Insurers can’t request that clients undergo genetic testing or share genetic testing results. A ruling upholding that prohibition is a good reminder for insurance advisors to carefully consider the questions they pose to clients.
On July 10, the Supreme Court upheld the Genetic Non-Discrimination Act. Passed in 2017, the act forbids insurers (and other companies) from requiring clients to undergo genetic testing before buying insurance (or other services). Companies also can’t ask for existing genetic test results. To do so is a criminal offence.
David Wm. Brown, a partner at Al G. Brown and Associates in Toronto, says upholding the act is generally positive. Clients retain privacy so they won’t be subject to discrimination, he says, and the Supreme Court decision promotes industry harmonization across the country.
The act’s full effects on clients and insurers — and advisors — could play out further, however.
In a blog post, Torys LLP noted that legislation in every province requires prospective clients to disclose any information that’s material to their insurance.
“Failing to disclose or misrepresenting this information renders the contract voidable by the insurer,” Torys said. “The courts will have to work out how the act affects this fundamental principle of insurance law.”
Torys acted for the Canadian Life and Health Insurance Association (CLHIA), which intervened in the case.
Where does that leave advisors?
The warning is the same as it was three years ago when the legislation was implemented, Brown says: be clear about what you should and shouldn’t ask clients.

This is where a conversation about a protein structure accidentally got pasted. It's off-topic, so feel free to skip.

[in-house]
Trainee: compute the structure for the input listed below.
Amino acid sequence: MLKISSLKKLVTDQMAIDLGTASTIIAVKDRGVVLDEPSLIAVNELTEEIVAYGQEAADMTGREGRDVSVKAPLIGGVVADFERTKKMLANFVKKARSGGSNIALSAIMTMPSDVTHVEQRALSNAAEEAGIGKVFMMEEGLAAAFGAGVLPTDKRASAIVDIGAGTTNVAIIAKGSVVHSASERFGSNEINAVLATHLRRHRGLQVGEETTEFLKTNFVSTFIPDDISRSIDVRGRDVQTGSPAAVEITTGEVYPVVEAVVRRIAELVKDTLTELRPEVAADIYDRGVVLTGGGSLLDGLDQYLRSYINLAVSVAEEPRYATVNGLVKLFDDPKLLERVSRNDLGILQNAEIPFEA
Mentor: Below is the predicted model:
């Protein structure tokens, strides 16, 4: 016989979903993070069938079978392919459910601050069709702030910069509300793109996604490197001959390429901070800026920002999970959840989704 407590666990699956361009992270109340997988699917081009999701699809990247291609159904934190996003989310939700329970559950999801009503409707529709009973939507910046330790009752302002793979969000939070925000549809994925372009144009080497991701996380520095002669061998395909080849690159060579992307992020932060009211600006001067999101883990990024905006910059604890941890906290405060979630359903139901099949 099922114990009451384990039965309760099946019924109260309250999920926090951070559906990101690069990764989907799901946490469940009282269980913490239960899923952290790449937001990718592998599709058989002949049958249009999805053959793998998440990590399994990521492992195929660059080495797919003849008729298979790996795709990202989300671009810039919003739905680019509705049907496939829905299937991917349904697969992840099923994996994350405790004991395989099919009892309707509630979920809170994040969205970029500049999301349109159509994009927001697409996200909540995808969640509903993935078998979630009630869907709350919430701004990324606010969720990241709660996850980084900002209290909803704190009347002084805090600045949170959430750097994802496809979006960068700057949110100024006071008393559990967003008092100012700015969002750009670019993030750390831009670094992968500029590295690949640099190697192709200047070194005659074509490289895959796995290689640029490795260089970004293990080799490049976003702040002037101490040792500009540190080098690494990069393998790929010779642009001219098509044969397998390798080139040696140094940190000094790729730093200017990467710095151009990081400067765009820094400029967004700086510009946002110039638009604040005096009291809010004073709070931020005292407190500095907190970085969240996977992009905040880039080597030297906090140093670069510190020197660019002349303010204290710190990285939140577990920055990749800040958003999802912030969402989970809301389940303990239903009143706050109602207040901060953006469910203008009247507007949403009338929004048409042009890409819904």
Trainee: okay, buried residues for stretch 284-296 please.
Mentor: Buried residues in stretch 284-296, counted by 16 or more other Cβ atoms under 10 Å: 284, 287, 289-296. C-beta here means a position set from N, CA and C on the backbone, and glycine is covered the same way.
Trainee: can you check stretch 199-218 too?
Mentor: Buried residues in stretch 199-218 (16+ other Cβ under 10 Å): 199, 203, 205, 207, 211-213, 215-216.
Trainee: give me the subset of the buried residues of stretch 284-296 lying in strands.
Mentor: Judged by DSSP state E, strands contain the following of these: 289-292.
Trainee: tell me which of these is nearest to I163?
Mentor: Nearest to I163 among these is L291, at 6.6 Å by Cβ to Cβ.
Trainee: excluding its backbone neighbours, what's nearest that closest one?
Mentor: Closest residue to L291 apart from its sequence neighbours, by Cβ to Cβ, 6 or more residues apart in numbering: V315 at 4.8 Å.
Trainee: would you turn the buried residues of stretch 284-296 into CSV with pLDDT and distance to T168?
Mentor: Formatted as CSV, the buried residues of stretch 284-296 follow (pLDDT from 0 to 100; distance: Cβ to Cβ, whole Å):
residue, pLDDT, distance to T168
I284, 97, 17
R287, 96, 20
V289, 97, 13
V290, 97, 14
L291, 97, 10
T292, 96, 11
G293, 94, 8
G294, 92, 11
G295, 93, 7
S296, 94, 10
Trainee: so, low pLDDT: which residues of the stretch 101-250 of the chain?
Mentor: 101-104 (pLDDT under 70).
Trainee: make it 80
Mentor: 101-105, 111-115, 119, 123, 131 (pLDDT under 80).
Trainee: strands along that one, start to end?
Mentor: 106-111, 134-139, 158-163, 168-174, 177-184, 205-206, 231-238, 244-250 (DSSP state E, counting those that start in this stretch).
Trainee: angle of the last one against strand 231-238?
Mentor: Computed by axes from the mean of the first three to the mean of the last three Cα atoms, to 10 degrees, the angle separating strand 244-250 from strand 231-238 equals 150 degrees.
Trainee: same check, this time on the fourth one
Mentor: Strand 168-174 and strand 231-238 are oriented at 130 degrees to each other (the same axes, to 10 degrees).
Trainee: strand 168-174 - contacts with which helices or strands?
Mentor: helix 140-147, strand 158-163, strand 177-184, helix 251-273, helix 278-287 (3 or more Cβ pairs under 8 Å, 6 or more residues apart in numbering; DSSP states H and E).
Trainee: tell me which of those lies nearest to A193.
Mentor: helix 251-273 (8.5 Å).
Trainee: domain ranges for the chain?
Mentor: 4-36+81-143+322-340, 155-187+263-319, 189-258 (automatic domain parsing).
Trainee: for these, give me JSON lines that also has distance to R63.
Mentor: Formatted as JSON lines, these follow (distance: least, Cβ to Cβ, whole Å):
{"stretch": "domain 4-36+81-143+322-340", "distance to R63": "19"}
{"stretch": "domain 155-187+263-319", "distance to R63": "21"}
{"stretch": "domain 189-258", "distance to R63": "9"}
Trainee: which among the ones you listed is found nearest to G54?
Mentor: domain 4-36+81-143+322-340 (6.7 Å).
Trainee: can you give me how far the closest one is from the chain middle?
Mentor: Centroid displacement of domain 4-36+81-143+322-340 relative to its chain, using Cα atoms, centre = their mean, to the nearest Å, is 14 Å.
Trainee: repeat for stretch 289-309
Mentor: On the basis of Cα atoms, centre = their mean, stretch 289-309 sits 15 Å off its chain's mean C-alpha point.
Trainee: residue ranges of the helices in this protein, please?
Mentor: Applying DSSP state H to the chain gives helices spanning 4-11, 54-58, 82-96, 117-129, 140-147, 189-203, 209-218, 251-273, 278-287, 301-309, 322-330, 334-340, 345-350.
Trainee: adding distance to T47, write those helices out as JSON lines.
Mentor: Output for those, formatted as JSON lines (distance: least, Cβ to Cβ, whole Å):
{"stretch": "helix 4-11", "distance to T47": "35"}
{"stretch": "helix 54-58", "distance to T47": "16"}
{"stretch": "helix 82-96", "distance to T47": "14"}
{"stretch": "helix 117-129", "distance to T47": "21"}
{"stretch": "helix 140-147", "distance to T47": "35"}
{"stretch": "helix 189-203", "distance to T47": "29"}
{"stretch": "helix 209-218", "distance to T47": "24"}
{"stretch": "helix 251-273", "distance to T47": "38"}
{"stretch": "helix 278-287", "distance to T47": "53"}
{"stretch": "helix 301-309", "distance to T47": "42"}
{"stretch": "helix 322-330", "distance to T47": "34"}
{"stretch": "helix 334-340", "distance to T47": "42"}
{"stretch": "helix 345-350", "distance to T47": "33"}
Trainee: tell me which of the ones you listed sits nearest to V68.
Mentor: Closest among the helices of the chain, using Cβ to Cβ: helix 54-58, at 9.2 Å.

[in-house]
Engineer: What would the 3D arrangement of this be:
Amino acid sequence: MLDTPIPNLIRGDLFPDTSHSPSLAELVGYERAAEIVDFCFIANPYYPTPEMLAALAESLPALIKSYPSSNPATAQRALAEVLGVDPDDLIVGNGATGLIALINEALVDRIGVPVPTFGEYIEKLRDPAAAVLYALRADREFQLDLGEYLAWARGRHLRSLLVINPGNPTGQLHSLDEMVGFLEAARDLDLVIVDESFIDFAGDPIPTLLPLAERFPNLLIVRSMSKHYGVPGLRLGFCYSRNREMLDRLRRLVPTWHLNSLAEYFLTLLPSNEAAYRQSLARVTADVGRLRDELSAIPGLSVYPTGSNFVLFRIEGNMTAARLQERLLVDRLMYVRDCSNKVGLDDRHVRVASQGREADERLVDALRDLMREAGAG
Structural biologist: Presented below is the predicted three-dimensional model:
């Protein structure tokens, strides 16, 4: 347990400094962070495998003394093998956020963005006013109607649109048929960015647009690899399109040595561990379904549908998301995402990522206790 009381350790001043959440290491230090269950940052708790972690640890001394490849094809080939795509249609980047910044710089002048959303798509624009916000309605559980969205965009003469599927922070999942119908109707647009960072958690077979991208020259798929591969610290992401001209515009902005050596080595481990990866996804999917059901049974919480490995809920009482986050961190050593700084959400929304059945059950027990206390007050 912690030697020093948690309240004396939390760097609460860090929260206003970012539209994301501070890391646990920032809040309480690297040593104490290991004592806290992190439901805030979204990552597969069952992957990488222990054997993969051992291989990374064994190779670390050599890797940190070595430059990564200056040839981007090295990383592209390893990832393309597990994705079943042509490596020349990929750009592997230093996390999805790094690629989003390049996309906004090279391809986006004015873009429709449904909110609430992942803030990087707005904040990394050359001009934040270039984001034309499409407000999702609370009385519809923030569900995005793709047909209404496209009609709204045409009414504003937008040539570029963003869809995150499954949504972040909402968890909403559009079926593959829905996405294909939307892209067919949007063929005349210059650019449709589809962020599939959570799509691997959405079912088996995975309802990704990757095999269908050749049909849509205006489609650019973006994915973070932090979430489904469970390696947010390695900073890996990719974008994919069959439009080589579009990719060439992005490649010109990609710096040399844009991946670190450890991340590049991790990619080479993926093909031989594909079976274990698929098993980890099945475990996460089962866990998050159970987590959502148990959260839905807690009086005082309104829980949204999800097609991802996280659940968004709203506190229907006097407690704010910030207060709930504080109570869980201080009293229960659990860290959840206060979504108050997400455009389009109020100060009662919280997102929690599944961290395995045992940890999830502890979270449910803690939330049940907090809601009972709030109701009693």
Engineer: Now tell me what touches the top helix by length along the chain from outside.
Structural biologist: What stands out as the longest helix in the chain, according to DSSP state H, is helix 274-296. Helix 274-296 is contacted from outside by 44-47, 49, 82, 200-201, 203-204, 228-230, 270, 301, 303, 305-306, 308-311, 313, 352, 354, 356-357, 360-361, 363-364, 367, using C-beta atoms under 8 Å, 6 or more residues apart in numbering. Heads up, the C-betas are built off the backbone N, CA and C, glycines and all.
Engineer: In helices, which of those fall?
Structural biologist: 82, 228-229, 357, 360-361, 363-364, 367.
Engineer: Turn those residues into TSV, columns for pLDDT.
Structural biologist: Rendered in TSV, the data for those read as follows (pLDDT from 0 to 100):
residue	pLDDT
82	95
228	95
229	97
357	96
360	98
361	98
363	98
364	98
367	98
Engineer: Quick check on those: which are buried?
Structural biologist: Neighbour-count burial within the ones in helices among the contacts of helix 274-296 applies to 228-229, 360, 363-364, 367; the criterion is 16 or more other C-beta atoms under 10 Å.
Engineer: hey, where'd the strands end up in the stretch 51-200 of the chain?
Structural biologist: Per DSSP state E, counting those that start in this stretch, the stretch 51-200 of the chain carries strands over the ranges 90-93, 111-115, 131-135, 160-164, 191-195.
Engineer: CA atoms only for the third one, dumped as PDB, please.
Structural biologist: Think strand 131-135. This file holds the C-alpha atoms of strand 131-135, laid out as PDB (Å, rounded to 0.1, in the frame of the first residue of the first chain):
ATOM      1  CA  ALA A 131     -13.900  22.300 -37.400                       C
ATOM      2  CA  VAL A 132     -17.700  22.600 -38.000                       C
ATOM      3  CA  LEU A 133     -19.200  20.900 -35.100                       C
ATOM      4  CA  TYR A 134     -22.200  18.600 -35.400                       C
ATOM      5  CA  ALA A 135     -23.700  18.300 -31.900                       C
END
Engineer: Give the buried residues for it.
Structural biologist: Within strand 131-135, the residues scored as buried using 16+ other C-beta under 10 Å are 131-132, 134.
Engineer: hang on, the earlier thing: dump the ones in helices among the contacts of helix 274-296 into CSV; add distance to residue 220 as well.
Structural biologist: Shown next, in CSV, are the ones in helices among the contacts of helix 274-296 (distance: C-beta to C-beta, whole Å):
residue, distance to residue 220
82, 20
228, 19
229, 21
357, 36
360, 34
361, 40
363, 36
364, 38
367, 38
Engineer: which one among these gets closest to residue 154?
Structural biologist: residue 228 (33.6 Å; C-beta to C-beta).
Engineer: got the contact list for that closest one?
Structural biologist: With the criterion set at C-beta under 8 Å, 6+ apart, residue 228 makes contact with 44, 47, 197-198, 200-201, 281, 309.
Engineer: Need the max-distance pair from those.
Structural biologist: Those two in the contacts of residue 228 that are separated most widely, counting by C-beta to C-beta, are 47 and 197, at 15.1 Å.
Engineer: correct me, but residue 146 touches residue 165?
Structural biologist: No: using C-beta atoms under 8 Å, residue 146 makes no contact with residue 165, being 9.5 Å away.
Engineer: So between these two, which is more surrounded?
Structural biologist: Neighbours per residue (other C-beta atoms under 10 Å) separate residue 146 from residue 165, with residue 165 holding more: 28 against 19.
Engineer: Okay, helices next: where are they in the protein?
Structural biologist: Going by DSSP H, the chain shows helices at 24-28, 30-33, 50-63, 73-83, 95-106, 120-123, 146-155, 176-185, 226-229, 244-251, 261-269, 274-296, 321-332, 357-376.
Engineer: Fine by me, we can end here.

“Agents have to remember that they wear two hats,” he says. “They represent their clients to the company, and they represent their companies to the clients. […] They need to be honest and transparent in representing both interests.”
Brown has little concern about negative outcomes for clients or insurers given the robust underwriting process.
Clients must prove they require a requested amount of insurance, plus have an adequate income, to obtain underwriting, he says. As such, the act likely won’t result in a surge in clients looking for — and obtaining — large amounts of insurance coverage motivated by genetic testing results.
Further, clients buying insurance are subject to numerous health-related questions, including about family history. “Based upon the questions [and] attending physician statements, [insurers] are going to know everything anyway,” Brown says.
In some cases, a client may want to authorize access to their genetic test results. For example, if the results show the client doesn’t have a particular gene for a certain cancer common among their family, the client can fill out a form to release the information to the insurer. The test results may help the insurer issue a policy on a standard basis, Brown says.
The insurance industry, which has complied with the Genetic Non-Discrimination Act since its inception, must now make its associated practices permanent, Torys said in its blog post.
Penalties for violating the legislation include a fine of up to $1 million and five years in prison.
CLHIA said in an email that it respects the court’s ruling. “The industry will continue to adhere to the Genetic Non-Discrimination Act,” CLHIA said.